As a teenager, Mario Bava's 1972 horror Baron Blood was the scariest film I had ever experienced, and I have never forgotten one particularly gruesome scene in which the Baron lifts up a coffin lid to reveal iron spikes dripping with blood, gore and goo. Four decades later, director Mario Bava’s film may no longer shock me, but it still remains an atmospheric ghost train ride – with a close connection to Vincent Price's 1953 film House of Wax.
Shot on location at Burg Kreuzenstein in Leobendorf, Austria, Baron Blood is probably the closet thing to a Vincent Price horror film NOT featuring the merchant of menace in residence, as it looks like a 1970s version of Price’s 1953 chiller, House of Wax (you know its the 1970s by the eye-wincing clobber, naff zooms and the Pan Am 747 cameo).
When Price turned down the film (he was probably still smarting over appearing in Bava’s terrible Dr Goldfoot sequel), Joseph Cotton (who appeared with Price in The Abominable Dr Phibes two years previously) got to ham it up as the film’s villain. The similarities between Cotton’s Baron and Price’s House of Wax character, Henry Jarrod, are plain to see. Both have been disfigured by fire, and both wear a black fedora and cape while despatching their victims. They are also both wheelchair bound when in their human disguise. There’s even a scene, in which Eva is chased through some foggy streets, that mirrors Price stalking the heroine of the 1953 film.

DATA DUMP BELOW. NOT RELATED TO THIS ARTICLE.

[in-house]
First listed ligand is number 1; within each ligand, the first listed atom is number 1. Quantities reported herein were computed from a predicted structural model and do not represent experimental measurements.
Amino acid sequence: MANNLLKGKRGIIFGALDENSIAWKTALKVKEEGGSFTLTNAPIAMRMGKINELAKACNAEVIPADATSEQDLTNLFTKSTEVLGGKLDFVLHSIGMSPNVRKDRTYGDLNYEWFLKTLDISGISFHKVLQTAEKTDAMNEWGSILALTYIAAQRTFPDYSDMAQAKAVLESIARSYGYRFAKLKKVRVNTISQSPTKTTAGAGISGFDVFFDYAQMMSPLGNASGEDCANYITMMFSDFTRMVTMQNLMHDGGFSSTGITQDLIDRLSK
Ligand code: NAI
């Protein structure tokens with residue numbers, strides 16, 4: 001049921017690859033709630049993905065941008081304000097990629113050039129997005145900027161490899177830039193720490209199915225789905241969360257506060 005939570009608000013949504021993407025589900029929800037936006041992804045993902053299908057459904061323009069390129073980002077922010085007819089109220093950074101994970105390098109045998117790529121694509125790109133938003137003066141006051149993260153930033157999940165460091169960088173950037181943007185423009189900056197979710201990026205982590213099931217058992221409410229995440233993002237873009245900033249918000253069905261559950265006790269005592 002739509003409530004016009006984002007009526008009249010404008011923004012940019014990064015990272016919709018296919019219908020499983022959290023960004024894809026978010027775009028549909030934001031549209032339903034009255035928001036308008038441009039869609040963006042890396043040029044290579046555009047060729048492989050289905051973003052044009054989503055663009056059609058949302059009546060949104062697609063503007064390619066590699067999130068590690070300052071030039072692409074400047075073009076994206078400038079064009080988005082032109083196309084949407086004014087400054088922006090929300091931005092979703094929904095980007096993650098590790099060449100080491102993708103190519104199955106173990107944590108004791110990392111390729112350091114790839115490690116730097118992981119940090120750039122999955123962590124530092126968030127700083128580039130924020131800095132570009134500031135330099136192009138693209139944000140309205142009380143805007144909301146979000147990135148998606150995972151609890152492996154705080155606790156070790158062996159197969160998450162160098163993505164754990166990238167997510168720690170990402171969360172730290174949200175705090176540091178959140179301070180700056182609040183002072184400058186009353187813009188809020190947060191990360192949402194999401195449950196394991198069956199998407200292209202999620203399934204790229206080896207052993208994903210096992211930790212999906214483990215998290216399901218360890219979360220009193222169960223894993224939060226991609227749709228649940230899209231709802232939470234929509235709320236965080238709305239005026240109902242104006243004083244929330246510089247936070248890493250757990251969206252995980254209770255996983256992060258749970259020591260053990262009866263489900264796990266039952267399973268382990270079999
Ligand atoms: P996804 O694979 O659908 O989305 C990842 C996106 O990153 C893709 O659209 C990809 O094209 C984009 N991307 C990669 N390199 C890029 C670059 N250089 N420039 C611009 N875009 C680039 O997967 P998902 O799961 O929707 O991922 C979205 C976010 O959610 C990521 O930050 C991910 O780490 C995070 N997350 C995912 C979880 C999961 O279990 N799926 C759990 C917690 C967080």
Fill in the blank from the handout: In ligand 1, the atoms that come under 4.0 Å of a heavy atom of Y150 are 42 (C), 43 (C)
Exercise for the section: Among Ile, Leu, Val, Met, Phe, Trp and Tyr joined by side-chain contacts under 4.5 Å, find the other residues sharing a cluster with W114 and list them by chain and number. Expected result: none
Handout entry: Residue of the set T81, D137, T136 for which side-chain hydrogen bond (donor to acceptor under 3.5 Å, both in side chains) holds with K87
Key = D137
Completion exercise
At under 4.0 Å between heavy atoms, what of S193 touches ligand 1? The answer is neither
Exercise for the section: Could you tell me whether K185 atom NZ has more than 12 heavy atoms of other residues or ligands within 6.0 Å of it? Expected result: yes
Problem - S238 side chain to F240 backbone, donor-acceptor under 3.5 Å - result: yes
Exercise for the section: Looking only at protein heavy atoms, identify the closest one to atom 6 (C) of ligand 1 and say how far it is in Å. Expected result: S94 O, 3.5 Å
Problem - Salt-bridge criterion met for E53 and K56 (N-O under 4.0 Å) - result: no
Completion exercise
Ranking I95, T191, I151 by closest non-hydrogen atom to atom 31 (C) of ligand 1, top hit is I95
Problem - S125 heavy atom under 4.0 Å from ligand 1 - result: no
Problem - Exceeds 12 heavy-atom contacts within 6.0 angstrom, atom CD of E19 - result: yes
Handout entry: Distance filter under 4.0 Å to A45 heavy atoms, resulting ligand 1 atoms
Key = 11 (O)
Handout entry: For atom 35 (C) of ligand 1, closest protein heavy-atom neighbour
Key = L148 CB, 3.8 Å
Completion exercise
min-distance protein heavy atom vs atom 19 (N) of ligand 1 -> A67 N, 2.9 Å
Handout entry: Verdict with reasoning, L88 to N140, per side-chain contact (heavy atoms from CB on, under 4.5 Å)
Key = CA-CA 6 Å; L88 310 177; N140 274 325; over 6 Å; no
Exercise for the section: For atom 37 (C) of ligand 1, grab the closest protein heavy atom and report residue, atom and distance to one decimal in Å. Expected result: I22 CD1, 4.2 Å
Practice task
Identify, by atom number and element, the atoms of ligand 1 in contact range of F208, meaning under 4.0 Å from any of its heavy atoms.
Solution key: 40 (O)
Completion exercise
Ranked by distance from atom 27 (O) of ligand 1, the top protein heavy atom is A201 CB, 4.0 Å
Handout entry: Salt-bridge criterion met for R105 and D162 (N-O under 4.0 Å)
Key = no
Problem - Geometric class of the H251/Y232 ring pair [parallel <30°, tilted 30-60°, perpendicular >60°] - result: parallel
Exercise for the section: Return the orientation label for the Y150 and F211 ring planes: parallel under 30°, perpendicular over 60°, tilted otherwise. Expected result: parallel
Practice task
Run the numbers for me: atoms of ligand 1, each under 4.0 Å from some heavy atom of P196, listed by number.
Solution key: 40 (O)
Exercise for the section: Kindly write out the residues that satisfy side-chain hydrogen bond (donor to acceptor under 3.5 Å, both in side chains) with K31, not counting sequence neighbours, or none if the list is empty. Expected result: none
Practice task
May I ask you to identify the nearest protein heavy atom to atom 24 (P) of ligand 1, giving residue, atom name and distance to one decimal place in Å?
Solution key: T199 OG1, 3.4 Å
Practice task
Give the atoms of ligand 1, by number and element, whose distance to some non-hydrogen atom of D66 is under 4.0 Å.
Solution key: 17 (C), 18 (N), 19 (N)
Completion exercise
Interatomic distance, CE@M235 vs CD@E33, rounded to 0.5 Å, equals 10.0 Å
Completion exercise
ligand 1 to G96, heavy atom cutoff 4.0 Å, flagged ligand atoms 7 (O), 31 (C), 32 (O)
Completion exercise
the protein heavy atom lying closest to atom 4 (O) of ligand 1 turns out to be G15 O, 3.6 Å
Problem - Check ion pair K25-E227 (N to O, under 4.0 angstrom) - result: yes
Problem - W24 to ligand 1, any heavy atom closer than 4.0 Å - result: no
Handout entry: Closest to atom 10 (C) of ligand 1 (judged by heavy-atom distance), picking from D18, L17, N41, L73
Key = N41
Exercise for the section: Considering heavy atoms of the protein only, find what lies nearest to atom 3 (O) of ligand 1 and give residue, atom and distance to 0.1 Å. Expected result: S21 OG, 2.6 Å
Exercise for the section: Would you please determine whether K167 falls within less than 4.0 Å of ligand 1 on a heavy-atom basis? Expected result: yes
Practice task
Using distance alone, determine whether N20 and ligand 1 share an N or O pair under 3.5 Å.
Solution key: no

With the exception of a couple of gory thrills (like that coffin scene), which were removed for the American release, the style and tone of Baron Blood evokes the funereal excesses of Bava’s problematic, but deliriously wonderful, Lisa and the Devil (which has already been given the Arrow treatment). The US version also replaced Stelvio Cipriani’s soundtrack with one by Les Baxter, who did scores for Roger Corman’s 1960s Poe cycle of films, that also featured Price.
Arrow Video’s R2/B release (available from 29 April 2013) features a HD Blu-ray and standard definition DVD presentation of three versions of the film: the Italian original, Gli orrori del castello di Norimberga, the European export version with English audio, and the re-edited and re-dubbed US version with the Les Baxter score. I have watched all three, and while I much prefer listening to Joseph Cotton’s fruity voice in English, the Italian version is visually superior, but hearing the Les Baxter score for the first time is a real pleasure.